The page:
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ANTIQUITIES OF THE JEWS. Book XVII. believe every thing he said. He was also formidable to all, not so much on account of the power and authority he had, as for the shrewdness of his vile attempts before-hand: but he who principally cultivated a friendship with him was Pheroras, who received the like marks of his friendship; while Antipater had cunningly encompassed him about by a company of women, when he placed as guards about him : for Pheroras was greatly enslaved to his wife, and to her mother, and to her sister; and this notwithstanding the hatred he: bare them, for the indignities they had offered to his virgin daughters. Yet did he bear them, and nothing was to be done witbout the women, who had got this man into their circle, and continued still to assist each other in all things, insomuch that Antipater was entirely addicted to them, both by himself, and by his mother; for these four women * said all one and the same thing ; but the opinions of Pheroras and Antipater were different in some points of no consequence. But the king's sister (Salome) was their antagonist, who for a good while had looked about all their affairs, and was apprized that this their friendship was made in order to do Herod some mischief, and was disposed to inform the king of it. And since these people knew that their friendship was very disagreeable to Herod, as tending to do him a mischief, they contrived that their meetings should not be discovered; so they pretended to hate one another, and to abuse one another when time served, and especially when Herod was present, or when any one was there that would tell him; but still their intimacy was firmer than ever, when they were private. And this was the course they took ; but they could not conceal from Salome neither their first contrivance, when they set about these their intentions, nor when they had made some progress in them: but she searched out every thing; and, aggravating the relations to her brother, declared to him, “ As is well their secret assemblies and compotations, as their " counsels taken in a clandestine manner, which, if they o were not in order to destroy him, they might well enough 66 have been open and public. But to appearance, tbey are " at variance, and speak about one another as if they intend" ed one another a mischief, but agree so well together when “ they are out of the sight of the multitude; for when they " are alone by themselves they act in concert, and profess " that they will never leave off their friendship but will fight " against those from whom they conceal their designs.” And thus did she search out these things, and get a perfect knowledge of them, and then told her brother of them, who un. derstood also of himself a great deal of what she said, but still * Paeroras's wife and her mother, and sister, and Doris, Antipater's mother.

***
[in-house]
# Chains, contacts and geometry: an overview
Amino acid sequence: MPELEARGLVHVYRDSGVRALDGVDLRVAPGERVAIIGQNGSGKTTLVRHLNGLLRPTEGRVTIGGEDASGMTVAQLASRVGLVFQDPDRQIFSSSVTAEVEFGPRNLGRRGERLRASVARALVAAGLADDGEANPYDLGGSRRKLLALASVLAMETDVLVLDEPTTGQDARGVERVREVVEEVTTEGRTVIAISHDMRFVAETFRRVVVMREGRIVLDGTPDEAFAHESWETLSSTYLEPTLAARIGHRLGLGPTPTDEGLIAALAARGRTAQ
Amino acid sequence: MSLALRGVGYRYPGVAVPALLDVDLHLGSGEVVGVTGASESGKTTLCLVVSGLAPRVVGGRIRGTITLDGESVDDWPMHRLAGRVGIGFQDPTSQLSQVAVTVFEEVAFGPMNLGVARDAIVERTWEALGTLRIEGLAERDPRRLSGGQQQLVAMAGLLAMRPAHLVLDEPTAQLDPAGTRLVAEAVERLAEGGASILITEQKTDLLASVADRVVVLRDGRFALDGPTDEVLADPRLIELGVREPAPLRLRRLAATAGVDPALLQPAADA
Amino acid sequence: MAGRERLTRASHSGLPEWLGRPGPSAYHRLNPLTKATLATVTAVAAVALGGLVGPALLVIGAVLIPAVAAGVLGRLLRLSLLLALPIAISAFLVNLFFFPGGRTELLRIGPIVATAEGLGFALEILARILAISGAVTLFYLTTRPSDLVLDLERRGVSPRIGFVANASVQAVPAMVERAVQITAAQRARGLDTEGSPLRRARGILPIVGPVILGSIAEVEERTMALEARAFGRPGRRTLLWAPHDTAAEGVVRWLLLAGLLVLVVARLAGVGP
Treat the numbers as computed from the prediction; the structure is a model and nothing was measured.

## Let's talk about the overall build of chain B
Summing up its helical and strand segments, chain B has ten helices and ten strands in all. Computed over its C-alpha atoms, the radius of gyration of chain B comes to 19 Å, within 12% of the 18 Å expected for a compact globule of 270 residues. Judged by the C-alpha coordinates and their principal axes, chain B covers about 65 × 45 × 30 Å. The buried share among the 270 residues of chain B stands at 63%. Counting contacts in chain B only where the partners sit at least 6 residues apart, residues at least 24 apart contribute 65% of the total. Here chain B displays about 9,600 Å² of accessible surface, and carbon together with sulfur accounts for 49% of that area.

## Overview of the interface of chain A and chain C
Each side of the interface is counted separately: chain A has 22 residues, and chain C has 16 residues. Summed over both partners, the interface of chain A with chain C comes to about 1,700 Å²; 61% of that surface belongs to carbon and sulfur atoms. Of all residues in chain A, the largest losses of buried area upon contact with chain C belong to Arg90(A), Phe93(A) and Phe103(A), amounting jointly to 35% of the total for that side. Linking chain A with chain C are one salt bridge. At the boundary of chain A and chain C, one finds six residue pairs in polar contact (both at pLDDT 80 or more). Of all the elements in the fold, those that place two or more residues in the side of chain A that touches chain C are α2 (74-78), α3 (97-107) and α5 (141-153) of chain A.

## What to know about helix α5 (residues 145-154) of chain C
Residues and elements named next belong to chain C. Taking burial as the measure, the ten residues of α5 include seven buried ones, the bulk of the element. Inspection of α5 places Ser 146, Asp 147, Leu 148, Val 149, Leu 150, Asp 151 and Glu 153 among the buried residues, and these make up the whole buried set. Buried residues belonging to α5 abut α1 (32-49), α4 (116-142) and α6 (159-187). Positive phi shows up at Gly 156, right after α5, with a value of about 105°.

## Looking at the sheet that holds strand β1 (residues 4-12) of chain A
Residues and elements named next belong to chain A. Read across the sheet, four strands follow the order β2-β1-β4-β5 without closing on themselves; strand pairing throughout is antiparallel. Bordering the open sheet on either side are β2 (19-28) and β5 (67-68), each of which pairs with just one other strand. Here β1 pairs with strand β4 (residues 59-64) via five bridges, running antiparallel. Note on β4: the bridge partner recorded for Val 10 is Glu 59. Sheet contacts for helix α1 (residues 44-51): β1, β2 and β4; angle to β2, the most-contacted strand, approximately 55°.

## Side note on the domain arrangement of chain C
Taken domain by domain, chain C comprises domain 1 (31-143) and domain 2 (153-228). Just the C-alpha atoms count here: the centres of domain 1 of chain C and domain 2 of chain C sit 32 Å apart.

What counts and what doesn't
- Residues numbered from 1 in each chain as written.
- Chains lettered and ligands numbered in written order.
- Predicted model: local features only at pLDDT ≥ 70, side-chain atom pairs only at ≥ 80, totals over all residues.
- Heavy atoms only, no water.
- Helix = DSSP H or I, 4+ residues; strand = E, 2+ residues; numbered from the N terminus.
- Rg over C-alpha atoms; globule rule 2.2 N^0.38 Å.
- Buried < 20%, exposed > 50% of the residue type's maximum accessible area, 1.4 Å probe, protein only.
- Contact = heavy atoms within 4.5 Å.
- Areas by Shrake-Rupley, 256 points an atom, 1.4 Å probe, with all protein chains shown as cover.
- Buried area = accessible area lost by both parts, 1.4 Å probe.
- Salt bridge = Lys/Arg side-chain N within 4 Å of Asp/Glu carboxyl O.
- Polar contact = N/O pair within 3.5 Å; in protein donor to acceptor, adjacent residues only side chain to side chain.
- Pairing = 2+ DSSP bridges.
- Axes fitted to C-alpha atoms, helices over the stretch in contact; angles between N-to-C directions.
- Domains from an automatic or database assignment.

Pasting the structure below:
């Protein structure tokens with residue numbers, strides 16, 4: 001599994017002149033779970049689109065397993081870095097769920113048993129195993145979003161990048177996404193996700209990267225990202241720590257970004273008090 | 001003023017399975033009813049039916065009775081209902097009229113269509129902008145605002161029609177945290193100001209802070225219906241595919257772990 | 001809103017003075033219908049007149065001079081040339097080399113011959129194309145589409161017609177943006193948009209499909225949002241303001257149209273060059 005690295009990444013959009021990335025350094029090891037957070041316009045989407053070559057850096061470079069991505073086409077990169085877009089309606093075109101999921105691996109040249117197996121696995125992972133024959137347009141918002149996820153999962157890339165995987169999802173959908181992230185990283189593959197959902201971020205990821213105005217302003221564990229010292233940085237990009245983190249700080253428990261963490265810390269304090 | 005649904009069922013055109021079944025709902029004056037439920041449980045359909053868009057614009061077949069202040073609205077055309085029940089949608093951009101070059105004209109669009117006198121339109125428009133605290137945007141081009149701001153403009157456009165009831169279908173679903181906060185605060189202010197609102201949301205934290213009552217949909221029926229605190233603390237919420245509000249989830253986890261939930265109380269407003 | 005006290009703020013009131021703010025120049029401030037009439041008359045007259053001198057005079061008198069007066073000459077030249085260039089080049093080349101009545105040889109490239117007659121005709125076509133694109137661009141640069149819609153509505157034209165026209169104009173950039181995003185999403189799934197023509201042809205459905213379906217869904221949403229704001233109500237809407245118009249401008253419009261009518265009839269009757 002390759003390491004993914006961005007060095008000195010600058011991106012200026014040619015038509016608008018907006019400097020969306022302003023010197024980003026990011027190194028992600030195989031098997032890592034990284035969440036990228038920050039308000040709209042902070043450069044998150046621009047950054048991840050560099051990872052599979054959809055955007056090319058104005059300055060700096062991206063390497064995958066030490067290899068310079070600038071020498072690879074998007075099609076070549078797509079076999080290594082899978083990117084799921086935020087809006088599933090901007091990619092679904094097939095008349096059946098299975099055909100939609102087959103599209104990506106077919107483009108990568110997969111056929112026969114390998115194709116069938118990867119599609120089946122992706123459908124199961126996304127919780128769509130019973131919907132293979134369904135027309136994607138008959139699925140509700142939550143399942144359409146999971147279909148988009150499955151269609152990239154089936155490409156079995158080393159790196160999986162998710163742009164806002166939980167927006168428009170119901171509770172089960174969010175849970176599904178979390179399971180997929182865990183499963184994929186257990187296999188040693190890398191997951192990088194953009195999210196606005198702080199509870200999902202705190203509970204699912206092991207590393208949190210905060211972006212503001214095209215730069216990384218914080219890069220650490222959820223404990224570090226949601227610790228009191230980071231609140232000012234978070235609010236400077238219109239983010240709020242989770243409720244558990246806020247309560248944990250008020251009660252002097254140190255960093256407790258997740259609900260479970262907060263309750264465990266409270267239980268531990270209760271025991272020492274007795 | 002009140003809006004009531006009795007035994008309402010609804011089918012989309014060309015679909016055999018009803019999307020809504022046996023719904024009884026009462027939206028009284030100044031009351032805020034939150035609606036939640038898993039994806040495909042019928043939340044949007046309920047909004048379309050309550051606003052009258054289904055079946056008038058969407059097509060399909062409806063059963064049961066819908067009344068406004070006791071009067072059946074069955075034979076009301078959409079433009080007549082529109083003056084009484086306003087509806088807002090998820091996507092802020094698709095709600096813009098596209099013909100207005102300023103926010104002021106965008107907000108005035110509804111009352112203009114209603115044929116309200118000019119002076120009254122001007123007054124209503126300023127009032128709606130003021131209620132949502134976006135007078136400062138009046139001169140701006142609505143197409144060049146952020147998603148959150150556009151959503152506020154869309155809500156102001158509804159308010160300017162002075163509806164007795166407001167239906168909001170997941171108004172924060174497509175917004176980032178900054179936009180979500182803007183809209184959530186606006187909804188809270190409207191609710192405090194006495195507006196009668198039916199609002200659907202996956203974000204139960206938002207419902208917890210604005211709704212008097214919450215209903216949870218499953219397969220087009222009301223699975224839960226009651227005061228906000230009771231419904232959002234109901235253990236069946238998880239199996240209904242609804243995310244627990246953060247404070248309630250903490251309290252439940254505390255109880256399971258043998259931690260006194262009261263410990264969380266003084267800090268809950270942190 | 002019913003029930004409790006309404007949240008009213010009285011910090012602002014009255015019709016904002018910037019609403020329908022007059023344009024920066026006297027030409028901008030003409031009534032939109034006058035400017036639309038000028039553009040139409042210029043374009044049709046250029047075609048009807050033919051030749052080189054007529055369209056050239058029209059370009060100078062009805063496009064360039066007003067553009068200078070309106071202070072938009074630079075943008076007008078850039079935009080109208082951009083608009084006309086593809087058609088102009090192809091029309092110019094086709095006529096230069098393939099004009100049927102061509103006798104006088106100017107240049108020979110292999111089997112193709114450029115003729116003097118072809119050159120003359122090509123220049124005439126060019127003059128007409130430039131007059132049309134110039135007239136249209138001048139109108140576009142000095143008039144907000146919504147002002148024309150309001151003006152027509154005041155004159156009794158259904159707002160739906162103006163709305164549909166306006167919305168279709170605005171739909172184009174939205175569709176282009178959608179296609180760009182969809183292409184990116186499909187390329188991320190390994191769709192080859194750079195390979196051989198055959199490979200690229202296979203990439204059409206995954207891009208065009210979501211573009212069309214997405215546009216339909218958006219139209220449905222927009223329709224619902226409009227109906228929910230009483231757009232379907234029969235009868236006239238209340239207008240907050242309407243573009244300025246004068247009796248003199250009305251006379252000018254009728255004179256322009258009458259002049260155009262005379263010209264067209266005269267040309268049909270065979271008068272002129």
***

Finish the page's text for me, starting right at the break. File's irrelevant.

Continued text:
durst not depend upon it, because of the suspicions he had of his sister's calumnies. For there was a certain sect of men that were Jews, who valued themselves highly upon the exact skill they had in the law of their fathers, and made men believe they were highly favoured by God, by whom this set of women were inveigled. These are those that are called the sect of the Pharisees, who were in a capacity of greatly opposing kings. A cunning sect tbey were, and soon elevated to a pitch of open fighting, and doing mischief. Accordingly, when all the people of the Jews gave assurance of their good-will to Cæsar, and to the king's government, these very men did not swear, being above six thousand; and when the king iniposed a five upon them, Pberoras's wife paid their fine for them. In order to requite which kindness of her's, since they were believed to have the foreknowledge of things to come by divine inspiration, they foretold how God had decreed, that Herod's government should cease, and his posterity should be deprived of it; but that the kingdom should come to her and Pheroras, and to their cbildren. These predictions were not concealed from Salome, but were told the king; as also how they had perverted some persons about the palace itself: so the king slew such of the Pharisees as were principally accused, and Bagoas the eunuch, and one Carus, who exceeded all men of that time in comeliness, and one that was his catamite. He slew also all those of his own family who had consented to what the Pharisees foretold : and for Bagoas, he had been puffed up by them, as though he should be named the father and the benefactor of him who, by the prediction, was foretold to be their appointed king; for that this king would have all things in his power, and would enable Bagoas to marry, and to have children of his own body begotten.